AS: Oil and Gas
EE: What has been your career path from college graduation up to today?
AS: My career path includes roles in research in a geochemistry laboratory, as a reservoir engineer, and a production engineer focusing on formation damage and well stimulation, all with the same company.
EE: Have you travelled for work, and if so how often and to where?
AS: Currently I travel for work to offshore facilities 1-2 times a year usually for a duration of 2-3 days. I also occasionally travel from Louisiana to Houston for meetings, anywhere from 1-2 days.
EE: Have you had to move for work?
AS: Yes, I have moved for work 3 times, all within the U.S., in New Mexico, California, Texas, and Louisiana. Moving is always a stressful time and every time I do it say that is the last time, but I am very glad to have had the experiences in each location both for my career and for my family. For example, during my time in California I learned a lot working in a field office with the pumping units within minutes from the small office. At the same time, my husband and I traveled all throughout California (this was pre-kids).
The move to Louisiana was a great opportunity for me to learn different reservoirs, and how to treat formation damage in the much more expensive, more complicated completions of the deepwater wells in the Gulf of Mexico. Meanwhile, my kids are experiencing a Cajun lifestyle, which includes crawfish boils and Mardi Gras.
EE: What has been your best experience working as an engineer?
AS: A lot of times my work is a small part of a large work project and after my portion is complete, the work gets moved to another team and I don’t know how the project turned out, if my work was incorporated and how it contributes to the big picture. But my best experience has been witnessing years of my work testing and preparing for a deepwater stimulation treatment being pumped and then seeing the results.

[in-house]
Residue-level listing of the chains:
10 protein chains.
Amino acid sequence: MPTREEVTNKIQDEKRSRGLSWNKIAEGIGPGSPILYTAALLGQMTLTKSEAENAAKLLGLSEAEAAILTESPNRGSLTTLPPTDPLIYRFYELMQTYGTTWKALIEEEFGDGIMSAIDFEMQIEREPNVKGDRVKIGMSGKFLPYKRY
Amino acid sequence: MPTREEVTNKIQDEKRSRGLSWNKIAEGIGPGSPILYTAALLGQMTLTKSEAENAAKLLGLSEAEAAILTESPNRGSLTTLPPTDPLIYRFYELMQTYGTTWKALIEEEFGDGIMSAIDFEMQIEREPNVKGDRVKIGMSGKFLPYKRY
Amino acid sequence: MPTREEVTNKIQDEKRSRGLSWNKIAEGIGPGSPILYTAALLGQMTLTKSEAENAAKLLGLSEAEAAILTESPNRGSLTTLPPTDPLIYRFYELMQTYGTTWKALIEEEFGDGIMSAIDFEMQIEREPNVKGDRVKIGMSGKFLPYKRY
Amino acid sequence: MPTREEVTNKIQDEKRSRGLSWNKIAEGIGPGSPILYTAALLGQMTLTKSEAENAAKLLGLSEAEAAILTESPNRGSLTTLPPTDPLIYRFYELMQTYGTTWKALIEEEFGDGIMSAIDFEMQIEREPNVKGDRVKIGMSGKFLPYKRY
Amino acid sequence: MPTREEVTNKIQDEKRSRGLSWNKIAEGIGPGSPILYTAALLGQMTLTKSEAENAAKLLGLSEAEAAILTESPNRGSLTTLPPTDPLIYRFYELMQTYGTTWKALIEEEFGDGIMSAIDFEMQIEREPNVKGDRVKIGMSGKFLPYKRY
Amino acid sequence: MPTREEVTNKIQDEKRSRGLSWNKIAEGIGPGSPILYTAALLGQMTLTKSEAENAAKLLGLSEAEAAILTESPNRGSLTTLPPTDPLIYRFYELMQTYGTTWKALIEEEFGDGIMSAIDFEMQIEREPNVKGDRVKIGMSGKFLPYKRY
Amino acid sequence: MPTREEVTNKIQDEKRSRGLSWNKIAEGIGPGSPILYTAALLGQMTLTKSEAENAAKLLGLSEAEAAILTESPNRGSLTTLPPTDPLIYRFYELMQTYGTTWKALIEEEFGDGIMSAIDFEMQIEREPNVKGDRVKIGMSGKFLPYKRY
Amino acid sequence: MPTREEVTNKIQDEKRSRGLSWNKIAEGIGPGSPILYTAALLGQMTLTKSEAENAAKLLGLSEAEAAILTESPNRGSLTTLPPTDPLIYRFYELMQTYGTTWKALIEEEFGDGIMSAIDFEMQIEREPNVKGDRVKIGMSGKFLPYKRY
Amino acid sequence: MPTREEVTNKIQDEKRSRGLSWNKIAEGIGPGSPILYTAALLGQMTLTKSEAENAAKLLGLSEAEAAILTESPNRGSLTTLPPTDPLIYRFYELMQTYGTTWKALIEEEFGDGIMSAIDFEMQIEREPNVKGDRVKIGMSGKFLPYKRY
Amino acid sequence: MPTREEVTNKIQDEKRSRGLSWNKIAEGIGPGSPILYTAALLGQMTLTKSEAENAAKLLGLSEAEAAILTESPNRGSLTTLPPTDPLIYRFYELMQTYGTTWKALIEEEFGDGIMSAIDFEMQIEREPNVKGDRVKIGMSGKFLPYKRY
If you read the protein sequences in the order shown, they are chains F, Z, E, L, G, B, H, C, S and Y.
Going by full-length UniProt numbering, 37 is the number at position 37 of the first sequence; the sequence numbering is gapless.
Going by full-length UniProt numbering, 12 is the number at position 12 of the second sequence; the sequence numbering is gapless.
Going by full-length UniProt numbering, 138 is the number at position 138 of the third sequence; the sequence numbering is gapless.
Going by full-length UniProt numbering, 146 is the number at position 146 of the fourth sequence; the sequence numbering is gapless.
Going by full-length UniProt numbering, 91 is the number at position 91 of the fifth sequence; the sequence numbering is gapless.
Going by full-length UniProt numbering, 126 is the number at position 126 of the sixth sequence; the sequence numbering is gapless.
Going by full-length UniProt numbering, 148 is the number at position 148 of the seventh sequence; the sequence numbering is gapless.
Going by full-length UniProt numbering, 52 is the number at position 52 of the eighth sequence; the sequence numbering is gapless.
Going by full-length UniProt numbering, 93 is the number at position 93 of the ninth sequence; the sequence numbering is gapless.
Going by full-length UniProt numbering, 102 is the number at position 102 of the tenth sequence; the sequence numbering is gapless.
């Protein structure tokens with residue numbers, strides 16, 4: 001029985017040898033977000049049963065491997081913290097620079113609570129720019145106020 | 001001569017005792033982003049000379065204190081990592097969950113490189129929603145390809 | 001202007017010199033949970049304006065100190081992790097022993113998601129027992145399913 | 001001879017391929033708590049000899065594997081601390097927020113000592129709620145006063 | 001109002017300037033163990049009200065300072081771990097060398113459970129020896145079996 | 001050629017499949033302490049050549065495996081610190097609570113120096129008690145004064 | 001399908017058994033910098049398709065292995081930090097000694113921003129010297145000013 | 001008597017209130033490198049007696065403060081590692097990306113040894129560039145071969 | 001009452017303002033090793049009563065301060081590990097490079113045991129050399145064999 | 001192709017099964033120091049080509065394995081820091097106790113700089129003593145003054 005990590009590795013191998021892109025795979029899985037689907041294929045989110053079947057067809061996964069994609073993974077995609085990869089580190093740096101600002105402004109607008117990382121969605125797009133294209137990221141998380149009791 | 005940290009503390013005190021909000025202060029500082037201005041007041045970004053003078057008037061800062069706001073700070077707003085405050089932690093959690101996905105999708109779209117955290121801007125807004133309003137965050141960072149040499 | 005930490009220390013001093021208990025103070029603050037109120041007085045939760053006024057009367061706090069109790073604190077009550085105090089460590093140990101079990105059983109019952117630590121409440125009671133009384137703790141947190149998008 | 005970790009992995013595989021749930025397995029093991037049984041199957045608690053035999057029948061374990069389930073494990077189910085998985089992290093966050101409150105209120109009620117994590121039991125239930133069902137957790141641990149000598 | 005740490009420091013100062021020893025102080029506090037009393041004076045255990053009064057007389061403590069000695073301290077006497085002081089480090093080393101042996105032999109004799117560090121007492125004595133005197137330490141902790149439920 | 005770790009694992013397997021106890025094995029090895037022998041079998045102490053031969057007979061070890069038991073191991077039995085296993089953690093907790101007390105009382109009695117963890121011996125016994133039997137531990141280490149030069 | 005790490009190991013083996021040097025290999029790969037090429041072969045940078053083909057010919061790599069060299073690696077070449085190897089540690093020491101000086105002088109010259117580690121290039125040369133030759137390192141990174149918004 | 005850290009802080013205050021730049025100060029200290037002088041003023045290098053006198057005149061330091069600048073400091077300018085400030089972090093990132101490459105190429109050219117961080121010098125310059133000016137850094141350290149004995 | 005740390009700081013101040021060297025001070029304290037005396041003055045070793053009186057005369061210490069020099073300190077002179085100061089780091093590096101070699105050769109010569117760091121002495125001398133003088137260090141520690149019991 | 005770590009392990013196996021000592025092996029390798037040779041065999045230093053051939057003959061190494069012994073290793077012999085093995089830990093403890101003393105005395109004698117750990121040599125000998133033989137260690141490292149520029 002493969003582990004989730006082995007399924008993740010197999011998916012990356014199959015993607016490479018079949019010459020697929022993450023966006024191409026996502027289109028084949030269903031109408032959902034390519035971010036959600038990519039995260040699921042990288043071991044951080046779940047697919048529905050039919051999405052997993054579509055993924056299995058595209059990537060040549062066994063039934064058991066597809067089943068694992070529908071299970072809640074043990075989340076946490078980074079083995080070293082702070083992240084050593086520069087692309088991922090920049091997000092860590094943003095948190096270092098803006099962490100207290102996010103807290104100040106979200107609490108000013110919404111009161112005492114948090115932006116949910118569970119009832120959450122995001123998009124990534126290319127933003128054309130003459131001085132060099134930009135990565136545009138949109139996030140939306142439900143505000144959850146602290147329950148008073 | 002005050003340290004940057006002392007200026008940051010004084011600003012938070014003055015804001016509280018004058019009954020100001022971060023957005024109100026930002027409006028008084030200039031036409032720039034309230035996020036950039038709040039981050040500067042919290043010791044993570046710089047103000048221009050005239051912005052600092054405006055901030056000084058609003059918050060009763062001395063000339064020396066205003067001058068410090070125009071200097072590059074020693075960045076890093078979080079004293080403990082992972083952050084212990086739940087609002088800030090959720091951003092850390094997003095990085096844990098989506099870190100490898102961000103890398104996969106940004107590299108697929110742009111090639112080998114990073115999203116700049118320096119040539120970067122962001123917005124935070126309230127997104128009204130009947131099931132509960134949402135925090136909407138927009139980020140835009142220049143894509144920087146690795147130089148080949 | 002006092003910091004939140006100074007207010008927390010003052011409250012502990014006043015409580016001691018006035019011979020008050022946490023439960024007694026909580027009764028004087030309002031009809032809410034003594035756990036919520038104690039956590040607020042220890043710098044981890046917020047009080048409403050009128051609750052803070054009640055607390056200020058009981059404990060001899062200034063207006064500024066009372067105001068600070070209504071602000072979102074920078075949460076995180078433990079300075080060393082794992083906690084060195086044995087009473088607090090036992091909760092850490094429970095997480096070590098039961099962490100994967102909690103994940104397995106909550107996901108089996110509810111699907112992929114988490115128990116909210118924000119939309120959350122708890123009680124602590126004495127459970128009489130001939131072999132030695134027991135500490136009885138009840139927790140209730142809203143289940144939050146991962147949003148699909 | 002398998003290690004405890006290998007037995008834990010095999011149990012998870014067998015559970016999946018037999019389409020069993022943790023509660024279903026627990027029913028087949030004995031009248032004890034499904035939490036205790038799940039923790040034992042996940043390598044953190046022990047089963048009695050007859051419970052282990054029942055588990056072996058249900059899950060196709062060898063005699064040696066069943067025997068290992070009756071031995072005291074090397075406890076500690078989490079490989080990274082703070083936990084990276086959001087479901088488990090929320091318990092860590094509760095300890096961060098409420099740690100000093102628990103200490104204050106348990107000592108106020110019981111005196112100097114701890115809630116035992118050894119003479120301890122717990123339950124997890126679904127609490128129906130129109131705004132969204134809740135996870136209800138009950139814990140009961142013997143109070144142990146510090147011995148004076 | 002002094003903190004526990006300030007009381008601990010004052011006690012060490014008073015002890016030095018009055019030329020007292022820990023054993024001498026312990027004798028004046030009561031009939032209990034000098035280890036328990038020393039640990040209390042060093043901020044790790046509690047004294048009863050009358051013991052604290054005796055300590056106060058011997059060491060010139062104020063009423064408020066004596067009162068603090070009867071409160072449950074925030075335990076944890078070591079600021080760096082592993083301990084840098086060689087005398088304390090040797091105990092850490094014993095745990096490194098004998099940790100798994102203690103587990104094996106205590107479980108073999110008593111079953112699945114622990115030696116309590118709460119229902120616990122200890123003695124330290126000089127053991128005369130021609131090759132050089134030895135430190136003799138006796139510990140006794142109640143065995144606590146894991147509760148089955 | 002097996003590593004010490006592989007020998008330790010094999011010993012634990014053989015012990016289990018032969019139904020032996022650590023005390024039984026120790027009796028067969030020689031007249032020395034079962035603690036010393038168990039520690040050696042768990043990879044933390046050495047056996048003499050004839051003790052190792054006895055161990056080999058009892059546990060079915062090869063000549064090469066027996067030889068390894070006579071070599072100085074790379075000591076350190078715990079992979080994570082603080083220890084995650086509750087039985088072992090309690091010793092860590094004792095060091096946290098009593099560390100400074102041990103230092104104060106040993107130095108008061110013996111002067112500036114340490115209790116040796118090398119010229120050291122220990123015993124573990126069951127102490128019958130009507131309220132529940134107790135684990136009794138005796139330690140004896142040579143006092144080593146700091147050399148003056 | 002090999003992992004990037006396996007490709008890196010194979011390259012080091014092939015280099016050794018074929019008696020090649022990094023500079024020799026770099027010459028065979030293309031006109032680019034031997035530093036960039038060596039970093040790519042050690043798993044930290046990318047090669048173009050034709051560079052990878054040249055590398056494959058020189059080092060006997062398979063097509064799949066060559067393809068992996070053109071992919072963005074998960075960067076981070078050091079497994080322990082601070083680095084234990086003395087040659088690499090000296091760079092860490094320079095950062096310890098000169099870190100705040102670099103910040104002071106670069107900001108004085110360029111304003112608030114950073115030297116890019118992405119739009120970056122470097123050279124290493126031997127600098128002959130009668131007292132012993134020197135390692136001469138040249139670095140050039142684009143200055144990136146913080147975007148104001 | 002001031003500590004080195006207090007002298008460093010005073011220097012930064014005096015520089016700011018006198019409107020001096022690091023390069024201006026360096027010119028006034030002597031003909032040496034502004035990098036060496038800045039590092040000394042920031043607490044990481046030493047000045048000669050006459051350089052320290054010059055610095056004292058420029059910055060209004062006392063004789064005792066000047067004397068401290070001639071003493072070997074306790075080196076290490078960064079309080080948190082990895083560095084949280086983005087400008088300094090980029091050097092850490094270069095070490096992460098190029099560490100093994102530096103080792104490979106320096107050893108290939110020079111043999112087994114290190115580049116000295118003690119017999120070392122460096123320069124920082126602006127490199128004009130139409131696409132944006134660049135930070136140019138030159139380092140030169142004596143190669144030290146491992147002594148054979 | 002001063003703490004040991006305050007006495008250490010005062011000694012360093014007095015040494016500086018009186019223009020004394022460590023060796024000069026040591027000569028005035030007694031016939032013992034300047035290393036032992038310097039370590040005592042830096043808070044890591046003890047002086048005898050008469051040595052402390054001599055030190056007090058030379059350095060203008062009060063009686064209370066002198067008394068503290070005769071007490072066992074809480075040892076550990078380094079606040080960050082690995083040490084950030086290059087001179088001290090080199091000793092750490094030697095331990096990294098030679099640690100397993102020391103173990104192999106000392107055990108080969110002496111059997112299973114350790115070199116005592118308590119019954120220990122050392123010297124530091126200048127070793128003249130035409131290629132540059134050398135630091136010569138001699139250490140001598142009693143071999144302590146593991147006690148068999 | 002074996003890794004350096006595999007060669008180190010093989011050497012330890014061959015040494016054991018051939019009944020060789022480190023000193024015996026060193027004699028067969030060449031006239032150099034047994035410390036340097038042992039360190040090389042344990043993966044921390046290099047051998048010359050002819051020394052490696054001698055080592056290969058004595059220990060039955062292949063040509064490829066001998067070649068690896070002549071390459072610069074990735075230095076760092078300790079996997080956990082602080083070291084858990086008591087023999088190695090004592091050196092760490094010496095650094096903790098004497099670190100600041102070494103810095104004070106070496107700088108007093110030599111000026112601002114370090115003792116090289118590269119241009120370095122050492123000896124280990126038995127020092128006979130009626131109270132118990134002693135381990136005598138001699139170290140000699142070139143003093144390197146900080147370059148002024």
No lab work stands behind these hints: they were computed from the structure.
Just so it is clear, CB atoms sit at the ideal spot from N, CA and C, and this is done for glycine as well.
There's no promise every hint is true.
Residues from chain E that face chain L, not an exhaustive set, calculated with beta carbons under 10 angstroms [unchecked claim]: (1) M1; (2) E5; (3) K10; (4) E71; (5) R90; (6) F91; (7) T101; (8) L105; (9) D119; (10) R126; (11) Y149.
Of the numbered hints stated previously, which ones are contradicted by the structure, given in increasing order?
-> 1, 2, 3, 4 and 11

EE: What has been your most challenging experience working as an engineer?
AS: The most challenging experience is related to the moves. While every move has been an opportunity to learn and develop my career, that comes with completely being out of my comfort zone. Being the new person on a team and having to prove myself as an experienced engineer can be challenging.
EE: Do you feel women are treated equally to men in engineering?
AS: No, I think it has gotten better, upper management is actively trying to treat employees equally in aspects that are reported, hiring and base salary. But on the team and individual contributor level there are discrepancies. Fairly recently, I worked on a large, high stress project. My work level was very similar to that of a male colleague. The project was successful and we were awarded a bonus. My bonus was a third of my male colleague’s.
EE: How do you balance career and home life?
AS: This is a struggle. I have 3 small kids (4yrs, 2yrs, and 4 mos) and I try to manage my time as best I can.
At work I do my best to meet deadlines, so work is rarely brought home. At work I focus on work, I can accomplish this because my husband stays home full time and cares for the kids. Knowing the kids are well taken care of and not having to schedule meetings around doctor’s appointments, or working from home if a kid is sick or there is a day off from school has been extremely helpful.